Taylor Swift. What did you do to me?
The “Out of the Woods” video is one of my favorites of any song. Swift stands in a beautiful blue dress in the beginning, lost and dejected on a beach, hair did and looking lovely. Threatening vines grow out of the sand and she finds herself “In the Woods,” a dark and gloomy forest, surrounded by a pack of wolves. She starts the song running from challenges — wolves, cliffs, blizzards, mud-soaked storms, forest fires — but soon you realize she’s actually fighting and embracing the challenges: walking along the mountaintops, pushing through the mud and vines, fires and earning the respect of the pack. At the end, after a montage of Taylor picking herself up after innumerable falls, the hardened, dirty, and fierce Swift walks up to the old one, still standing on the beach in her dress, and taps her on the shoulder.
She Lost Him, the video begins. And it ends with: She Lost Him, but Found Herself, and Somehow that was Everything.
Okay, corny. After all, as one YouTube reviewer put it (paraphrasing here): isn’t finding yourself the basic drive of every human, ever, since the dawn of time?
To the story:
A few things happened to me over the last few years, starting with the months preceding (undergraduate) college graduation.
After being dumped, like in a way that I saw coming the way you see a car coming but don’t think to move out of the way because of the shock, I didn’t believe in love. I did believe in control — having it, needing it, exercising it over others — whether that was kicking them out of my room at the end of the night or denying a relationship.
I also didn’t know myself anymore, having completely been lost in the other person. You know the feeling — you slowly abandon the things you love, trying to please the other person, never feeling good enough unless you heed their advice, eat what they tell you, adhere to their hobbies and see their friends. Captain Awkward calls it the Geek Relationship Fallacy #4: “Love me, Love my Obsession.” Like our relationship couldn’t sustain itself unless I was absolutely as (let’s call it what it is: unhealthily obsessed) with college football and big university life.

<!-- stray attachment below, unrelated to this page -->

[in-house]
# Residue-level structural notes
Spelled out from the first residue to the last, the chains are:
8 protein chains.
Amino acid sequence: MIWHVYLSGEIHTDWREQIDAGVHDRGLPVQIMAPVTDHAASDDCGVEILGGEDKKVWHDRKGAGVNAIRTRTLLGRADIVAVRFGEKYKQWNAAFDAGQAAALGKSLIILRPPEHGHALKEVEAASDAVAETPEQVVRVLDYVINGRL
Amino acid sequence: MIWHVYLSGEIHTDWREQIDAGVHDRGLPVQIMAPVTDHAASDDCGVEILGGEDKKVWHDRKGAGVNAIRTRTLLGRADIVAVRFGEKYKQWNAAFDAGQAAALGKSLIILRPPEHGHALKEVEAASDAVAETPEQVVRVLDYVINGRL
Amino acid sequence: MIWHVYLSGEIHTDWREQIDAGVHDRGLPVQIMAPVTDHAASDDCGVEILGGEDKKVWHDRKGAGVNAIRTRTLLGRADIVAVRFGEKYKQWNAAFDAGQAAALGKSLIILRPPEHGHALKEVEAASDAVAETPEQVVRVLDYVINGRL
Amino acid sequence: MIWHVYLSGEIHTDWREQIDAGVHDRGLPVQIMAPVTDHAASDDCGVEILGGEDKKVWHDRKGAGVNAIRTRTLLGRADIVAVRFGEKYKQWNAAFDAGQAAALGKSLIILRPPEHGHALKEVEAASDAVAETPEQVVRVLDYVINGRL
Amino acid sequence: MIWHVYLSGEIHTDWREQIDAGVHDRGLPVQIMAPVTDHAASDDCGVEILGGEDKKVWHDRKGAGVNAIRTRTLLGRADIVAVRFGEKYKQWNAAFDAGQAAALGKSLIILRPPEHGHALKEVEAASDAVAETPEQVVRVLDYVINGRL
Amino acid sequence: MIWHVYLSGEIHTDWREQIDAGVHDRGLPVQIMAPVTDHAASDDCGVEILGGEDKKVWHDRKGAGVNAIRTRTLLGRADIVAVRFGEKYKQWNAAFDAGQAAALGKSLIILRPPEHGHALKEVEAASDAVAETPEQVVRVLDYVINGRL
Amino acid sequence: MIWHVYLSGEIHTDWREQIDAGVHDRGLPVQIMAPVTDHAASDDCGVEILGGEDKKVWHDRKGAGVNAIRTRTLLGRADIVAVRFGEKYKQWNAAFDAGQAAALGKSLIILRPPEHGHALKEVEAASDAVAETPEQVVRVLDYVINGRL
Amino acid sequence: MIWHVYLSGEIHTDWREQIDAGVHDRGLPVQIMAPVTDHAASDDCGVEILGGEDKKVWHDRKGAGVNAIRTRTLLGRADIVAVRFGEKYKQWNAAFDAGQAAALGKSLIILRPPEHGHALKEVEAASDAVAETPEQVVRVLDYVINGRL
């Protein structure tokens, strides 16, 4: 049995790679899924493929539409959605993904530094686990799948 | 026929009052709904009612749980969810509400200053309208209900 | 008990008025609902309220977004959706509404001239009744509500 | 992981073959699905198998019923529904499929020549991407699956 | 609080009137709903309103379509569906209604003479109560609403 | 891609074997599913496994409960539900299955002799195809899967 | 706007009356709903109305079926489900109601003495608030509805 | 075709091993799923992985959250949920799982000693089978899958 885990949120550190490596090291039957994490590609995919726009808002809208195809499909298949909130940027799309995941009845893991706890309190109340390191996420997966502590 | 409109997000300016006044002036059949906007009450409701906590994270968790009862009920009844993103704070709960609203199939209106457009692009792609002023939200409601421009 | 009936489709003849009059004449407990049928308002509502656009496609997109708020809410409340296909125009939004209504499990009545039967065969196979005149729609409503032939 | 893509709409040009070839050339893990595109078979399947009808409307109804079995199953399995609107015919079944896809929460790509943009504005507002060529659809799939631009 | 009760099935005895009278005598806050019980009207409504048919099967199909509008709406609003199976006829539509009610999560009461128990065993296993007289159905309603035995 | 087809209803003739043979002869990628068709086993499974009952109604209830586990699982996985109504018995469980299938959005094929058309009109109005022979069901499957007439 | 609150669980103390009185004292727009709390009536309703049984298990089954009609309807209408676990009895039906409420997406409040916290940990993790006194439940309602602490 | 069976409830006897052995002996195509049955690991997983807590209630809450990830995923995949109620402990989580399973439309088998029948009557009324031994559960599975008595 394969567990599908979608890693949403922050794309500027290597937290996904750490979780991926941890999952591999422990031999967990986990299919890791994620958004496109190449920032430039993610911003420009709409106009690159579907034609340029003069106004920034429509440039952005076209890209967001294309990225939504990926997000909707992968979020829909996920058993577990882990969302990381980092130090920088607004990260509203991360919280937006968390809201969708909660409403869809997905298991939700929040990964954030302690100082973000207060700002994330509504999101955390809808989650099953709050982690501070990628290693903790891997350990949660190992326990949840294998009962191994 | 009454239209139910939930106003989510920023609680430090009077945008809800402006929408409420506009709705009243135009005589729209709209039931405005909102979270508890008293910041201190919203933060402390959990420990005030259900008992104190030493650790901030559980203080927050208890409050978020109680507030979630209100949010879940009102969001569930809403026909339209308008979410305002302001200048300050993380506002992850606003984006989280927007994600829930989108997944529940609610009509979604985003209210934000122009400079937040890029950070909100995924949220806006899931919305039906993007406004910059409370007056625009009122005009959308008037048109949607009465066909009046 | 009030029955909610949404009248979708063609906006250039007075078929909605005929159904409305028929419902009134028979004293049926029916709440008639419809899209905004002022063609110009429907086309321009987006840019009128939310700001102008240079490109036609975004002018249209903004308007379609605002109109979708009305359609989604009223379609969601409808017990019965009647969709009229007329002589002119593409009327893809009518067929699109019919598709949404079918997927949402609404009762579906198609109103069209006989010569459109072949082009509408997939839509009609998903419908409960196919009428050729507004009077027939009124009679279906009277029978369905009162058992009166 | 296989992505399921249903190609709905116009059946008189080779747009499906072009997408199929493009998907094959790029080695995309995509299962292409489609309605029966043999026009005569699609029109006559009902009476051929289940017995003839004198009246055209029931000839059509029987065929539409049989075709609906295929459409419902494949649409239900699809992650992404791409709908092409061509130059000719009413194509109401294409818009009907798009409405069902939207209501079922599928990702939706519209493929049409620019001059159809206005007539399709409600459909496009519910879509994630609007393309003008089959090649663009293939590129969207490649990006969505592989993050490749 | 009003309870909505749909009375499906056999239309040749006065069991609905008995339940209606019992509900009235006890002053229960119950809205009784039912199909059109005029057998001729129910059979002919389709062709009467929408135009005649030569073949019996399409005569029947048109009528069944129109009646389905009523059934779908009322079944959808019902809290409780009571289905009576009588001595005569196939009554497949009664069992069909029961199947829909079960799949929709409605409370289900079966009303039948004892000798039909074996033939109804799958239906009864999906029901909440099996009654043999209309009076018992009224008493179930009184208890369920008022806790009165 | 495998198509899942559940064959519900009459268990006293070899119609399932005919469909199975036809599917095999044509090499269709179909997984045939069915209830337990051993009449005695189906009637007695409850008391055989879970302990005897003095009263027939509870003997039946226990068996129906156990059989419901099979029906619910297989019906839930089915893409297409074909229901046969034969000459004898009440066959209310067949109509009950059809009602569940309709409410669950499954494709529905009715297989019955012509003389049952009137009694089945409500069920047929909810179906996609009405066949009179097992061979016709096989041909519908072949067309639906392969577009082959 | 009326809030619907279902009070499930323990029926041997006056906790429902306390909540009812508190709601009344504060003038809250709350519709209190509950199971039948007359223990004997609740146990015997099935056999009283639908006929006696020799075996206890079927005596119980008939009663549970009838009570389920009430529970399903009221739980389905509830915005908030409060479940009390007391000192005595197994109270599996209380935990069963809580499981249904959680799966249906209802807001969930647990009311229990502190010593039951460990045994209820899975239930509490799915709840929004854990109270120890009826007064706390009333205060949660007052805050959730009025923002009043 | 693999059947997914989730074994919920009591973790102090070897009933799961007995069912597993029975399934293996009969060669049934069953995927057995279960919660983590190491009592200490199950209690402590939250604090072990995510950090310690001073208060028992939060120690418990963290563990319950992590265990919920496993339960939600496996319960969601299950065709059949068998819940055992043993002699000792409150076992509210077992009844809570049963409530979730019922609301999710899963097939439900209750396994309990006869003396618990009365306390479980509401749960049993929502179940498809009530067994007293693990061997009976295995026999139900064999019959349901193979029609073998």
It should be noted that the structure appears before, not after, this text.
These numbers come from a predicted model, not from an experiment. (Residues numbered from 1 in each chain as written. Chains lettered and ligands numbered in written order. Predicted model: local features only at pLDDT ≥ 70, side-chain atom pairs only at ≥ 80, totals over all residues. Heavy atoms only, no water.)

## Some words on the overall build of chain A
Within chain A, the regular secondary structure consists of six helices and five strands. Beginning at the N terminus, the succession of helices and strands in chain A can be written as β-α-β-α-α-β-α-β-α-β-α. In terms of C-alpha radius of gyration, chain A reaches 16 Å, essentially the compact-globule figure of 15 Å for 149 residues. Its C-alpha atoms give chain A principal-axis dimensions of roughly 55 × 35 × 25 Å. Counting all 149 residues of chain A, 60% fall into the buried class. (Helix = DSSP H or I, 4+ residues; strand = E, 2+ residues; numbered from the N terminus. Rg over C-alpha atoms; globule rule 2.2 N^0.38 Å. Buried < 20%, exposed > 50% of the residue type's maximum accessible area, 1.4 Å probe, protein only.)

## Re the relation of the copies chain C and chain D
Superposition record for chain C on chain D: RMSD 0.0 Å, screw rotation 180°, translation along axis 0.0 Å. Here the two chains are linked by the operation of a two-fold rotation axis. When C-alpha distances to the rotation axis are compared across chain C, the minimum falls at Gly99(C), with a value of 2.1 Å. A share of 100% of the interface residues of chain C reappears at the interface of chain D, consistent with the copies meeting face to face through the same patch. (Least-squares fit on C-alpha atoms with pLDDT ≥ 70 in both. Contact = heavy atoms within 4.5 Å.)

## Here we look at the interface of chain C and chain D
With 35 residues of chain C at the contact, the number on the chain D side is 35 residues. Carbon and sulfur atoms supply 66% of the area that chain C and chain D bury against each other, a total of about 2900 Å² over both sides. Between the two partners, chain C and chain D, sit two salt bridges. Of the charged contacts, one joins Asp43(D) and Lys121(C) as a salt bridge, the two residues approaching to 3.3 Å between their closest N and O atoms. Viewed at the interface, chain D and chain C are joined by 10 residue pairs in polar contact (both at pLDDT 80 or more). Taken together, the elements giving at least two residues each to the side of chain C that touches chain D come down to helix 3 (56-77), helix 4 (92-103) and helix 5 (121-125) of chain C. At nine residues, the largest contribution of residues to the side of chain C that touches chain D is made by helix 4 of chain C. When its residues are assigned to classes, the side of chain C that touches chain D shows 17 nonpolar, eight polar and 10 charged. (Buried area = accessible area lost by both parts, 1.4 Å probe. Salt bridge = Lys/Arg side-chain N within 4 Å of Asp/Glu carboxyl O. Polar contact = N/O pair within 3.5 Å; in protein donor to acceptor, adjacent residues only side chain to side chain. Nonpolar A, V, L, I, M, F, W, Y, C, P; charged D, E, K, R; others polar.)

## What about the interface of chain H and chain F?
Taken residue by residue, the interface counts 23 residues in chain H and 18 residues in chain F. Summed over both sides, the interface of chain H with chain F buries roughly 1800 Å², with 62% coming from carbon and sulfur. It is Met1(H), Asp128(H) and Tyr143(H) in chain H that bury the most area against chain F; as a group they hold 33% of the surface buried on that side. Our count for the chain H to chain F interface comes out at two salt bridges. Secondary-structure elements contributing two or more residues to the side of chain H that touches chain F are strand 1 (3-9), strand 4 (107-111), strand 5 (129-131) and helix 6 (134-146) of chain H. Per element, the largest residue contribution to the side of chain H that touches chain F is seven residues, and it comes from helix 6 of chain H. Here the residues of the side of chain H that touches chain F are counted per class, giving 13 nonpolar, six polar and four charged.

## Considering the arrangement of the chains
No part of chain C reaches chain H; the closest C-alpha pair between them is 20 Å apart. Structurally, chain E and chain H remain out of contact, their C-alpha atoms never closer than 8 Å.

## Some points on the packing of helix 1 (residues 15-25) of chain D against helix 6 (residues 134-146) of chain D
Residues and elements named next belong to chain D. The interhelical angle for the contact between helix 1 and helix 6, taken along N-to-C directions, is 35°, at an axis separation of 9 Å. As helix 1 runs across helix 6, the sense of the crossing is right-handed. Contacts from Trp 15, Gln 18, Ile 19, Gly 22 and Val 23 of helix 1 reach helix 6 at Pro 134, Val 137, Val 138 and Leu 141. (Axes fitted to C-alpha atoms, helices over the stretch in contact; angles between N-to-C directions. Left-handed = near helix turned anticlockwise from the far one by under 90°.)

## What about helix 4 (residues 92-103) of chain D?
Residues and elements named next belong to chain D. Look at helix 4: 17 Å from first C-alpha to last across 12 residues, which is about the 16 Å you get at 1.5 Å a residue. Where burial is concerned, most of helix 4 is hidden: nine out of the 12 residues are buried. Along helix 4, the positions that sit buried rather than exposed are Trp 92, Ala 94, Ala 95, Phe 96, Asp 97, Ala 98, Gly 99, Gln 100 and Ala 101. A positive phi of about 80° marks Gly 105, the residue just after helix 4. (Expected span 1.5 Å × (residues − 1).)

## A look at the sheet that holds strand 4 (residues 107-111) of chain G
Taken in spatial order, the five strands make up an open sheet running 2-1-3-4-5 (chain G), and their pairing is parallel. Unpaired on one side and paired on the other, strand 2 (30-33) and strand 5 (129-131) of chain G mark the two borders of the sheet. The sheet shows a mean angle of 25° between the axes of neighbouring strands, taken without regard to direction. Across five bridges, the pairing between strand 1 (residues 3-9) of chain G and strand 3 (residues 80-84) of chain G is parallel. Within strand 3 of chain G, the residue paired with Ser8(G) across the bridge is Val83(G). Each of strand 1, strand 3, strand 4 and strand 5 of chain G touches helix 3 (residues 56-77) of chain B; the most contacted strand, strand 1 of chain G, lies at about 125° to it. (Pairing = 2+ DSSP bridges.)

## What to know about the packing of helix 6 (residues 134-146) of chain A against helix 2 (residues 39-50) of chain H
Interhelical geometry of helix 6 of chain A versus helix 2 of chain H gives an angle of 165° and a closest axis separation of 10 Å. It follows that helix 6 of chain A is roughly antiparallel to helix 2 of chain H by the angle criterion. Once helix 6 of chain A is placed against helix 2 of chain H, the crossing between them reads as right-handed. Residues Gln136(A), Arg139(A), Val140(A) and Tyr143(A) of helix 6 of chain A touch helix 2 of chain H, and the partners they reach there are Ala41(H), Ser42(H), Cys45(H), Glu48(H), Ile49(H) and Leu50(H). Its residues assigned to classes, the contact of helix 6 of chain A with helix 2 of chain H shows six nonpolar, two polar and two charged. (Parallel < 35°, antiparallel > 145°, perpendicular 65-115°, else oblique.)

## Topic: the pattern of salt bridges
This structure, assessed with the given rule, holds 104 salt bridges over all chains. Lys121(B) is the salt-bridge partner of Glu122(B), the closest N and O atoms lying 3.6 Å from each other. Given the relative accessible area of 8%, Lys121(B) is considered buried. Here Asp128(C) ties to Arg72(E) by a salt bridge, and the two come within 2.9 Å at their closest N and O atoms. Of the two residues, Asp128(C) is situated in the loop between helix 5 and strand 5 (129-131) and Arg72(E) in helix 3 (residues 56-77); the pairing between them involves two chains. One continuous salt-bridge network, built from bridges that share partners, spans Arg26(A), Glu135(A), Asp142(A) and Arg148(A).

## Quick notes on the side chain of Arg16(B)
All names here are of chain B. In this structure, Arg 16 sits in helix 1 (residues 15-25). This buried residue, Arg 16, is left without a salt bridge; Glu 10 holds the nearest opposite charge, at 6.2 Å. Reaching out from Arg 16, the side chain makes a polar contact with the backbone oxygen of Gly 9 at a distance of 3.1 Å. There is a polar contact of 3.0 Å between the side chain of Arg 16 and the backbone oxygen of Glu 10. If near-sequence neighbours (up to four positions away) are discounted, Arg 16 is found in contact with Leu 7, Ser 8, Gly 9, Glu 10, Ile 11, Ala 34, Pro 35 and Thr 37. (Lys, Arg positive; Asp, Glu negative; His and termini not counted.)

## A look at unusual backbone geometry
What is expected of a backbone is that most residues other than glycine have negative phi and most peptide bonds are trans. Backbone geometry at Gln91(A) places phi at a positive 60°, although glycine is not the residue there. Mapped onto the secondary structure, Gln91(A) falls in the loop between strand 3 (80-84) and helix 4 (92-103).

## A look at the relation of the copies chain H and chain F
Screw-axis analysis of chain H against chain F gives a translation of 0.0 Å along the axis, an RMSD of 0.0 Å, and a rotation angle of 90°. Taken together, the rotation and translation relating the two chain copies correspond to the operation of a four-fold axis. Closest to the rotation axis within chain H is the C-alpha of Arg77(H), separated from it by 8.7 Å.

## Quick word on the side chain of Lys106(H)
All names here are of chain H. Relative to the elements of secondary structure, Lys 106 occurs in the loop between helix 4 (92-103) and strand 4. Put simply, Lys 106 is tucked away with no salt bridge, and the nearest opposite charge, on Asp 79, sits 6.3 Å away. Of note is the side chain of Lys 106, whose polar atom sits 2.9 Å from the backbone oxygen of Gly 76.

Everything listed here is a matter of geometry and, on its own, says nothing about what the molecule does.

How sad is that?
As a first-generation college student, I picked my college specifically to be the opposite of big university life (read: UConn). I wanted small classes. A private, liberal arts college, traditional, a comfortable home where I could be my introspective, introverted self and not be expected to attend 300-person parties. I am comfortable being my own little self without validation from groups or others. I am currently attending a second private college, this time an all-women’s school. So I think I can vouch for myself and say “hey, I don’t like big universities, or care about their athletics, and I could do without the parties. There are more important things,” and the person I date should accept and understand that. Luckily, Pat does not only understand, but agrees.
To wrap up GRF4: there’s a difference between sharing a love of something and forcing it upon someone. For instance, I love watching Pretty Little Liars, reading, and archiving. Pat loves none of these things and works on cars. We share these things with each other like this:
Pat: “What are you reading?”
Me: “Oh, the Yellow Fever epidemic in Memphis and how scientists found out that it was actually a virus!”